Do I need to have any specific academic background in order to be successful?

Not at all. Successful active traders and daytraders come from many different professions. Very often, people who are very successful at school or at their businesses wrongly believe that their success will be automatically translated at stock trading. It is usually not the case. Active trading has its own learning pace and our course will gradually prepare you to enter this exciting field.

How much money can I make?

How much money can you make at active stock trading depends on the size of your initial capital, the amount of work you are willing to put in, and your personal trading style, meaning how much risk you are willing to take.


Staff member
Some great information there!

One thing I would DEFINITELY urge against when just starting out is buying stock on Margin.

Margin is where your brokerage lets you spend DOUBLE or in some cases QUADRUPLE the amount you actually have. This is great for making a lot more money faster, because you get to keep all the profit on the total increase. Once you sell, you give the borrowed money back, and you just made all the increase on your investment, PLUS the margin.

Problem though. If a stock goes down, you lose money faster as well. I bought some stocks on a big margin when just starting and ended up watching the stock drop. That tought me a valuable lesson. Margin makes your risk grow, and also makes it much harder to stick through a small drop in stock price. Where you maybe would have stayed in if you were down $500, you would probably bail if you bought on margin and were down $2000.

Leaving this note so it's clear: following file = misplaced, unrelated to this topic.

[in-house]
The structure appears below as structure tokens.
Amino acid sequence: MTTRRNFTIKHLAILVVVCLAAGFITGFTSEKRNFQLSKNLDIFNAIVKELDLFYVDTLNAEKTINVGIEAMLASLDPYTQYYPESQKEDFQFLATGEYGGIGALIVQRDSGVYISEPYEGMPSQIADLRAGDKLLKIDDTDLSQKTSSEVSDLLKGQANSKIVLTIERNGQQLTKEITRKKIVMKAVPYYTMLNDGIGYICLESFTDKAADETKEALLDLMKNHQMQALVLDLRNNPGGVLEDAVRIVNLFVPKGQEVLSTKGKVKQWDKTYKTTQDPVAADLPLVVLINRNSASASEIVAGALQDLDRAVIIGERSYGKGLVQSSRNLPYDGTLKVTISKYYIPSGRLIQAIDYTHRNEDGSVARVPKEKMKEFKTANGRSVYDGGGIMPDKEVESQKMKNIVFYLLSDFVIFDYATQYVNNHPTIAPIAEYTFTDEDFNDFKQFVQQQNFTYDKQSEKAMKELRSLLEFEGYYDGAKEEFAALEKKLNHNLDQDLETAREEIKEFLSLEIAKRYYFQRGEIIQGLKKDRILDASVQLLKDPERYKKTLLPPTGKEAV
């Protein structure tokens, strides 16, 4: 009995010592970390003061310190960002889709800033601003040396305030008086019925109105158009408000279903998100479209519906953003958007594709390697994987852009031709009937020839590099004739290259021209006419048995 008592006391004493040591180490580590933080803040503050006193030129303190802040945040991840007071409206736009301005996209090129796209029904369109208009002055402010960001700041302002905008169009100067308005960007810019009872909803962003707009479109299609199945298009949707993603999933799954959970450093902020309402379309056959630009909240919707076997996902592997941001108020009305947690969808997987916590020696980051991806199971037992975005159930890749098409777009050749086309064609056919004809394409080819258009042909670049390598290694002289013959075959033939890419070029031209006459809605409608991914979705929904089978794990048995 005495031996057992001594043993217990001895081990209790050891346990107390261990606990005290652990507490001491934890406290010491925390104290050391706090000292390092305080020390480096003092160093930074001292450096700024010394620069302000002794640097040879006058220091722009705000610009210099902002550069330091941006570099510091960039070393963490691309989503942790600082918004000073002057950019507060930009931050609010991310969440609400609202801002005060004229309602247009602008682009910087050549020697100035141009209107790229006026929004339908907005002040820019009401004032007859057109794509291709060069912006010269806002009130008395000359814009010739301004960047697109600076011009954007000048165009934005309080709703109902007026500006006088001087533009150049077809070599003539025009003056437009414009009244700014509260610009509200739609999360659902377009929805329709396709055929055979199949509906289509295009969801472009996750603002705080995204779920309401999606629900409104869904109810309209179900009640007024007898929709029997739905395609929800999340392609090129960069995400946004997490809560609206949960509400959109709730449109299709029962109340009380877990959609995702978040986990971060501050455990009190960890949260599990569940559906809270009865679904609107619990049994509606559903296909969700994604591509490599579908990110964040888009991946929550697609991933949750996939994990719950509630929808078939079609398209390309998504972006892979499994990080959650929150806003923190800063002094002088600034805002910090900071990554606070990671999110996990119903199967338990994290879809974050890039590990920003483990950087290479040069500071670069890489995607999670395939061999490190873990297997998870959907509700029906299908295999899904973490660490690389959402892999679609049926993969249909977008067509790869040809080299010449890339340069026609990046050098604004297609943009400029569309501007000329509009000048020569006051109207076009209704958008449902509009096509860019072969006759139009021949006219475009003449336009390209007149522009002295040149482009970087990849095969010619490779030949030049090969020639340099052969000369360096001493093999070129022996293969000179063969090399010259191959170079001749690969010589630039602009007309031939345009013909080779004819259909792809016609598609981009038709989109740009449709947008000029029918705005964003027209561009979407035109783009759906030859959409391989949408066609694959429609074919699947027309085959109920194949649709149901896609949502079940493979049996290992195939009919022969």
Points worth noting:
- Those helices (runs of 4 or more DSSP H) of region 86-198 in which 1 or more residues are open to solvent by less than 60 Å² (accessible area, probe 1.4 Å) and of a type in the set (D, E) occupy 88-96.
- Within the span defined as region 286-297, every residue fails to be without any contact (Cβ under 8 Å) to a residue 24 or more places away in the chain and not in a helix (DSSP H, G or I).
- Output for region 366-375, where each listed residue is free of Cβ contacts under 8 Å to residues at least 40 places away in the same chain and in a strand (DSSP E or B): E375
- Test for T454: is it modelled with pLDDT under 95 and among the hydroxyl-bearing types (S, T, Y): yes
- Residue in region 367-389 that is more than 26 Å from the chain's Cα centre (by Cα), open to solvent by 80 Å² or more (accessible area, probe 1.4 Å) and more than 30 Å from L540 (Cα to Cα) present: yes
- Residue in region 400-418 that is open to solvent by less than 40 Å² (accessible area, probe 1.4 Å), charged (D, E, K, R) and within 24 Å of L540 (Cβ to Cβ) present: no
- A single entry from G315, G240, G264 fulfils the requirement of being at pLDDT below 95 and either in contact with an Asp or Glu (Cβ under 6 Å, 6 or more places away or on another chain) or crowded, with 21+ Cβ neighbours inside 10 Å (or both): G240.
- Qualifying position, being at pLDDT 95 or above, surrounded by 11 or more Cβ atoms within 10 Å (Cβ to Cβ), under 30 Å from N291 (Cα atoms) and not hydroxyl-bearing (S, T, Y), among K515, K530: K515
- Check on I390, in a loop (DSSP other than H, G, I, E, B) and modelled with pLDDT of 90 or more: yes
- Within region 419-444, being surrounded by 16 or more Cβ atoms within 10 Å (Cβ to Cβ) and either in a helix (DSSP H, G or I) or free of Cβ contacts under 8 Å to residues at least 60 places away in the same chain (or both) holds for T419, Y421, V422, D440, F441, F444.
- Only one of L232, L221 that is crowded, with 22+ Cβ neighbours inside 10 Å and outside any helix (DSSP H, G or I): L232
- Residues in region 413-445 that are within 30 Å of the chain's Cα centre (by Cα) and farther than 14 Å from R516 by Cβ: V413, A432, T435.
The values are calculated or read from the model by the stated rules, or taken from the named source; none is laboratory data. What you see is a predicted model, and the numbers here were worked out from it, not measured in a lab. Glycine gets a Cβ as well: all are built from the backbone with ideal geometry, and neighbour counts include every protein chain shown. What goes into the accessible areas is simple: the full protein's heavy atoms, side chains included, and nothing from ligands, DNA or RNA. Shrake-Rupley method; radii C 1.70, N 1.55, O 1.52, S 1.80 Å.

Staff member
It didn't turn into a margin call because I got out, but it sure would have that's for sure.. Actually it went down about 25% more after I got out, so I guess you could say I salvaged the best that I could. It was an unstable stock though. Lesson learned. Don't jump on the quick movers. Research instead, and get in before a stock jumps. :D


Registered Member
Here's something that might help somebody . . then again might not but shouldn't do harm.

We have an account with Americatrade which has all the bells and whistles but charges $10.95 per trade. We also have an account with freetrade which charges $5.00 per trade. We make around 200 trades per month (far less here lately)
You can save yourself a muchabunny in commissions ;)


Staff member
Ameritrade is merging with TD Waterhouse in 2006. I think it's worth the extra money for all the bells and whistles though. You might save money in commissions with a cheaper one, but I prefer having everything I need in front of me, and an 800 number to call if I have an emergency.


Registered Member
I've decided to get into some day trading. I'm just really starting to dabble in stock, now that I have a little extra money to do something with, and have friends who made a killing day trading when it was such hot news about 5 or so years ago.